Black illustrations have become fan favorites among web designers. Enamored with their sleek, striking aesthetic, web designers leverage this dark graphic approach in other areas. A prime example is black outlines around different elements throughout their website. These black lines and borders can vary in thicknesses; they’re often used as page dividers, specifically as grid boxes of numerous sizes.

The following example is unique in that it combines said black lines and illustrations with real photographed images.
Black outline
The black borders and accents have a powerful impact on user engagement. This type of graphic design catches visitors’ attention instantly. The latter will find themselves drawn to the messaging and experiences the designer seeks to relay.

Final thoughts and takeaways

With less than 4 months until the end of the year, web designers have their work cut out for them if they hope to stand out in 2021.

Adopting these design trends will help stimulate visitors, and enable your website to truly leave a mark. 

We wish you guys good luck in implementing them!

About the author

Yoni Yampolsky is a marketing manager at Elementor. The most popular WordPress website builder Elementor powers more than 5% of all the world’s websites.

The One Touch Method - The Ultimate Productivity Hack

Many moons ago, back when I was a fresh faced chemistry graduate starting my first job, I got an invaluable tip that has served me well to this day.

My new boss was really big on systems and as we were responsible for the technical support globally for a large scientific company, that was probably a good thing.

We had to work together like a well oiled machine and back then there was a lot (and I mean a lot) of paperwork.

I was always amazed at how organized his office was and particularly his desk, of course he had a secretary, a most wonderful lady who I kept in touch with long after I departed the company and secretly I think this was probably her technique but we'll never know!

So quit waffling, Lorraine! What is this secret technique of which you speak?

Ladies & Gentlemen, I give you the One Touch Method

Simply put, if a piece of paper touches your desk then you are required to deal with that paper by only touching it once.

Procrastinators can stop reading here - this is not for you!

So if a bill comes in, you pay it or schedule a payment ahead of time and then file it. One touch and done!

A bank or credit card statement arrives. You check it and file it. One touch and done!

A letter arrives that requires a response. If you can't respond immediately and then file it, you add it to your calendar as an action item and file the letter in a 'To-Do' file.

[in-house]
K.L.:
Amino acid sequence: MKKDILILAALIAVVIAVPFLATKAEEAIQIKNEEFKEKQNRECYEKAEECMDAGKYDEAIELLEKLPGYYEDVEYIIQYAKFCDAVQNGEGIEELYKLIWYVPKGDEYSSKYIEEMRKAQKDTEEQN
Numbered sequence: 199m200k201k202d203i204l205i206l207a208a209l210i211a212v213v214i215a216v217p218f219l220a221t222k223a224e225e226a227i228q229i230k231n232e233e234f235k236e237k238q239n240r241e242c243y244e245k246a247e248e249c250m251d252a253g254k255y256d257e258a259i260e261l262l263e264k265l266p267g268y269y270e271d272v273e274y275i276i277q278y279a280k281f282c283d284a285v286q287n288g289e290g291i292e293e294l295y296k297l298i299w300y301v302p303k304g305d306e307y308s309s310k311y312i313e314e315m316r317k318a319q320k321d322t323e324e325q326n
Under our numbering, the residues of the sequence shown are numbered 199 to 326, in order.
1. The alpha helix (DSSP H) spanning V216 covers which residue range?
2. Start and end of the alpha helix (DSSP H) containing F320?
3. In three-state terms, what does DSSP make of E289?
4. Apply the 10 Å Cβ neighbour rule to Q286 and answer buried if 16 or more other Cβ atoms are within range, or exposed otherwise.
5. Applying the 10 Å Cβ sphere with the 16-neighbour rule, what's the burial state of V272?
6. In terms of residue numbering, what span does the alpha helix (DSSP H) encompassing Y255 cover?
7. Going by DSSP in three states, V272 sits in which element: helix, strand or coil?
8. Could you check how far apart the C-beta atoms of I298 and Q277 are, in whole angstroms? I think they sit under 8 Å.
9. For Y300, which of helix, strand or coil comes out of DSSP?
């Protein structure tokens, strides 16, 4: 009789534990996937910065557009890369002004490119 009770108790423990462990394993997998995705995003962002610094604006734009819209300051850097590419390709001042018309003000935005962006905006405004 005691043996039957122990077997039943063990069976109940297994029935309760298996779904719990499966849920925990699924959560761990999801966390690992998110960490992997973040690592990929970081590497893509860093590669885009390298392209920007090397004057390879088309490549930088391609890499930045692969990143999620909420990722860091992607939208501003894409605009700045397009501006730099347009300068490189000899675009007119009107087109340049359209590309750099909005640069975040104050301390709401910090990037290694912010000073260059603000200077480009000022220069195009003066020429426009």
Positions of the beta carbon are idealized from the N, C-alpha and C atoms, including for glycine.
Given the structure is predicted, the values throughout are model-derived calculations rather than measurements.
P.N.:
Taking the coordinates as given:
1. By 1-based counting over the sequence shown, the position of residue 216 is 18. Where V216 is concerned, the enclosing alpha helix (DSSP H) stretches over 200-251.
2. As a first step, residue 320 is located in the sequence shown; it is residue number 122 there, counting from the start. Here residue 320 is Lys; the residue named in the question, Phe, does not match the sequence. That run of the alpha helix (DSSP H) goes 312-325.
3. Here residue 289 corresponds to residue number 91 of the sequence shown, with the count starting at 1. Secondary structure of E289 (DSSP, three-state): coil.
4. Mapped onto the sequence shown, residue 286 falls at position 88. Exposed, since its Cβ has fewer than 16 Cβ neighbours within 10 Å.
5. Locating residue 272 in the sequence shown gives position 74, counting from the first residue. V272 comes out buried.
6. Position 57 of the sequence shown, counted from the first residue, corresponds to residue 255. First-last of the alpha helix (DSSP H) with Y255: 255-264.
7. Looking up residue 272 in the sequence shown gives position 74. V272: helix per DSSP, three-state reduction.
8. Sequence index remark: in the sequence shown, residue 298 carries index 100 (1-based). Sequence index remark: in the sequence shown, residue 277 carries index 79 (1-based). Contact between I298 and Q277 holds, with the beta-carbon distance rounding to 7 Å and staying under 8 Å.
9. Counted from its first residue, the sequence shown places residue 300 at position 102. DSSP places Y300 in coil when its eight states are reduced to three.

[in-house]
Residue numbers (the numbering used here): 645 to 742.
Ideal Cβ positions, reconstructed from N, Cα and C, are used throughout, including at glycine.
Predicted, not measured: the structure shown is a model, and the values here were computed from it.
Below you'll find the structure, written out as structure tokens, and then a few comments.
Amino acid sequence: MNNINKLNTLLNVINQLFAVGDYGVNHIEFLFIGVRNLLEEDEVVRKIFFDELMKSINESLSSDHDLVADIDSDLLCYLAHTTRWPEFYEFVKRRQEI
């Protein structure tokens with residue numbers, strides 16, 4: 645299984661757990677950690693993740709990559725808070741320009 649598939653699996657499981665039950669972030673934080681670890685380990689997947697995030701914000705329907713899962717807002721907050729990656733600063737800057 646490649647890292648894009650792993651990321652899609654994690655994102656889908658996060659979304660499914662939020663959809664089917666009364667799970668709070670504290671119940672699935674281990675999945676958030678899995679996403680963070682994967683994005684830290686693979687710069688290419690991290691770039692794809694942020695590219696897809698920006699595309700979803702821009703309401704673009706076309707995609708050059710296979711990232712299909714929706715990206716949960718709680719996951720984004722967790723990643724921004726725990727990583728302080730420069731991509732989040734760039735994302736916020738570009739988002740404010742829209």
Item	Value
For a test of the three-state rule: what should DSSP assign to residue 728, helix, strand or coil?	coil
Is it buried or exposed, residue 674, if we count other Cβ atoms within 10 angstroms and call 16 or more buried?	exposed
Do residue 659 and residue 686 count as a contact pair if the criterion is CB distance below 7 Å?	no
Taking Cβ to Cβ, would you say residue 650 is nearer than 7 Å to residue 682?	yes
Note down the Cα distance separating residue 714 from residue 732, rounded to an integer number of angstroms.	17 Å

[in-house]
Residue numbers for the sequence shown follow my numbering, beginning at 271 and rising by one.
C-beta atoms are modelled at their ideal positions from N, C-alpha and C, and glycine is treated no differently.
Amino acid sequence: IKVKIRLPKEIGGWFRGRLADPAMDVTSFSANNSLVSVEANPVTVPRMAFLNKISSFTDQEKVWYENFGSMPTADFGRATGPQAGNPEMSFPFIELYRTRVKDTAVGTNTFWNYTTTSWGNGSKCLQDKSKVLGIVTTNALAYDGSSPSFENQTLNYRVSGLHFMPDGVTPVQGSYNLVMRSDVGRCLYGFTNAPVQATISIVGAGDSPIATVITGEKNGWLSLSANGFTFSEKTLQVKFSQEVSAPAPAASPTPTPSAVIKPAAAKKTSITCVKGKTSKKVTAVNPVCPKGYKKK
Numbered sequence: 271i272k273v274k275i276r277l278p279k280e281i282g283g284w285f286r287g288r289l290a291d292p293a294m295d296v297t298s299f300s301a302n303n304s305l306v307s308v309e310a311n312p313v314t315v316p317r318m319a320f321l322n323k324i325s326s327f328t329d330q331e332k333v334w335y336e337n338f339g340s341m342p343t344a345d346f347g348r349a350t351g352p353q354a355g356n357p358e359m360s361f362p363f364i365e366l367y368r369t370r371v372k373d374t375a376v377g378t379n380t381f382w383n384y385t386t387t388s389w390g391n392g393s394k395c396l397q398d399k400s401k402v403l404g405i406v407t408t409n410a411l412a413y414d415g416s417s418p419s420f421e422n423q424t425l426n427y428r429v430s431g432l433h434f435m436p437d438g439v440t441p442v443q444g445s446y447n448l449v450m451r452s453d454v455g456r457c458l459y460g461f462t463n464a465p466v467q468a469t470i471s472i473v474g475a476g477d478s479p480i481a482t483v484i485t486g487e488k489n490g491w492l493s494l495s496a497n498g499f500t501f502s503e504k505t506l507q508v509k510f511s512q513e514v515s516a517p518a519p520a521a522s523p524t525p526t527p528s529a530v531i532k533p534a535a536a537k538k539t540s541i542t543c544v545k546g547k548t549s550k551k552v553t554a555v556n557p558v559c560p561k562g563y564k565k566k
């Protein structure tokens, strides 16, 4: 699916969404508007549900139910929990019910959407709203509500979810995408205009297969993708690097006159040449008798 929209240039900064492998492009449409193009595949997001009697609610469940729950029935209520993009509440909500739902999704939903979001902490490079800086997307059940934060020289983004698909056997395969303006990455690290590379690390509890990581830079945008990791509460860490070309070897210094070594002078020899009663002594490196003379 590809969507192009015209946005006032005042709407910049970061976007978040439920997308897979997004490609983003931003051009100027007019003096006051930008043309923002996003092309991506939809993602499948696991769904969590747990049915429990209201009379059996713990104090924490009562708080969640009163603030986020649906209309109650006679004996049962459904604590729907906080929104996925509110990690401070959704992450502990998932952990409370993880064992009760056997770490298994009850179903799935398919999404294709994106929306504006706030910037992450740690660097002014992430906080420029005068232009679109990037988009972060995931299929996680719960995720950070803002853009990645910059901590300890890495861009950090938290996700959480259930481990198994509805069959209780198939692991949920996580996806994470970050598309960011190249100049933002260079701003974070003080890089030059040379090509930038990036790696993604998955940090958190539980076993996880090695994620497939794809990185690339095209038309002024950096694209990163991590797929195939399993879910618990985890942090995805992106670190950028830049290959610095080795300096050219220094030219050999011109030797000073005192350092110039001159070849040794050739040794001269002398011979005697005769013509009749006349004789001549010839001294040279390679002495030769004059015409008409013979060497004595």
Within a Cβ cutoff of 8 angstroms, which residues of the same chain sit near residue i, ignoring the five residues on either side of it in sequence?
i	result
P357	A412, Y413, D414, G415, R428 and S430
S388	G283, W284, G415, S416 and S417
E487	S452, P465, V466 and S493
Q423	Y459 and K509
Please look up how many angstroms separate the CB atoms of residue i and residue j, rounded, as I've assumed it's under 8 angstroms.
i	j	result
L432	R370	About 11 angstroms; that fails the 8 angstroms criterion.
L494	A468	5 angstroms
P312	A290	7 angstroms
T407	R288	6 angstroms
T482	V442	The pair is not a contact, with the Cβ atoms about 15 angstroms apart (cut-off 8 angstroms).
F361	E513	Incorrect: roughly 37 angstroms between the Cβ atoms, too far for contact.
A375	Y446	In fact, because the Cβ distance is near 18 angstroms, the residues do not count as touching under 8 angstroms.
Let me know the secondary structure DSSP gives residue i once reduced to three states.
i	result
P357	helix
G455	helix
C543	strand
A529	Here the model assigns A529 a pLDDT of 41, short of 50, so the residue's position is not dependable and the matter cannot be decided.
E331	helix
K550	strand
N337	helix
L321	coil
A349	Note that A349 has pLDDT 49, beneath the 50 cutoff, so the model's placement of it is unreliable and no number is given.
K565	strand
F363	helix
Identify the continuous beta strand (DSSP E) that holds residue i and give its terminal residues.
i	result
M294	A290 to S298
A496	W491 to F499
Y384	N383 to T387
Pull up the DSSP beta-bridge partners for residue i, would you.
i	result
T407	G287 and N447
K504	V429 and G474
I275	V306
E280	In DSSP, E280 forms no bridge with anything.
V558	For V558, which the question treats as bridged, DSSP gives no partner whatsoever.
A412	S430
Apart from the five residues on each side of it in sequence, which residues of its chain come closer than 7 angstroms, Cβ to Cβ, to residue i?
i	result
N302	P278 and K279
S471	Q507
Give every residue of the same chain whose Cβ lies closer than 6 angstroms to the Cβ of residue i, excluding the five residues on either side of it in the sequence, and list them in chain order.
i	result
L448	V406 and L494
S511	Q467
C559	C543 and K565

What you don't do is add it to the ever-increasing pile of paperwork on your desk, only to forget about it and receive a reminder which only adds to the furthering pile of paper and loss of trees in the universe.

[tweet_box design="default" float="none"]Once you have 'touched' a task you complete it before moving onto anything else.[/tweet_box]

"But who sends stuff by post?" I hear you mutter.

OK fair point!

So let's relate this method to the modern day, as let's face it my first job was a while ago and we didn't have email back then - Shocker!

An email arrives with a task to do for a client. You might not feel like doing this task immediately so you add it to your to-do list. You just spent time evaluating that task and deciding it wasn't something you wanted to do right away.

So instead of taking care of it you added it to the "I'll do it later" pile (and whether it's online or paper it's still a pile!). Then you move onto something else.

Later on, you've completed the task you were doing and you go back to your to-do list to see what's next.

You re-evaluate the task and either decide to do it or put it back on the pile. Each time you do this you are eating up valuable time and energy.

That one task then passes through your hands another time.

It's not uncommon for you to do this several times a day and that adds up over a month and over a year.

Holy smokes!

Imagine that one task.

You decide you don't want to do it straight away as it requires some time and effort - say 30 minutes to get it done.

But you evaluate it and decide it's a job for later so you add it to the 'to-do' list. That took you 5 minutes.

You revisit it and re-read and re-evaluate. That takes another 5 minutes.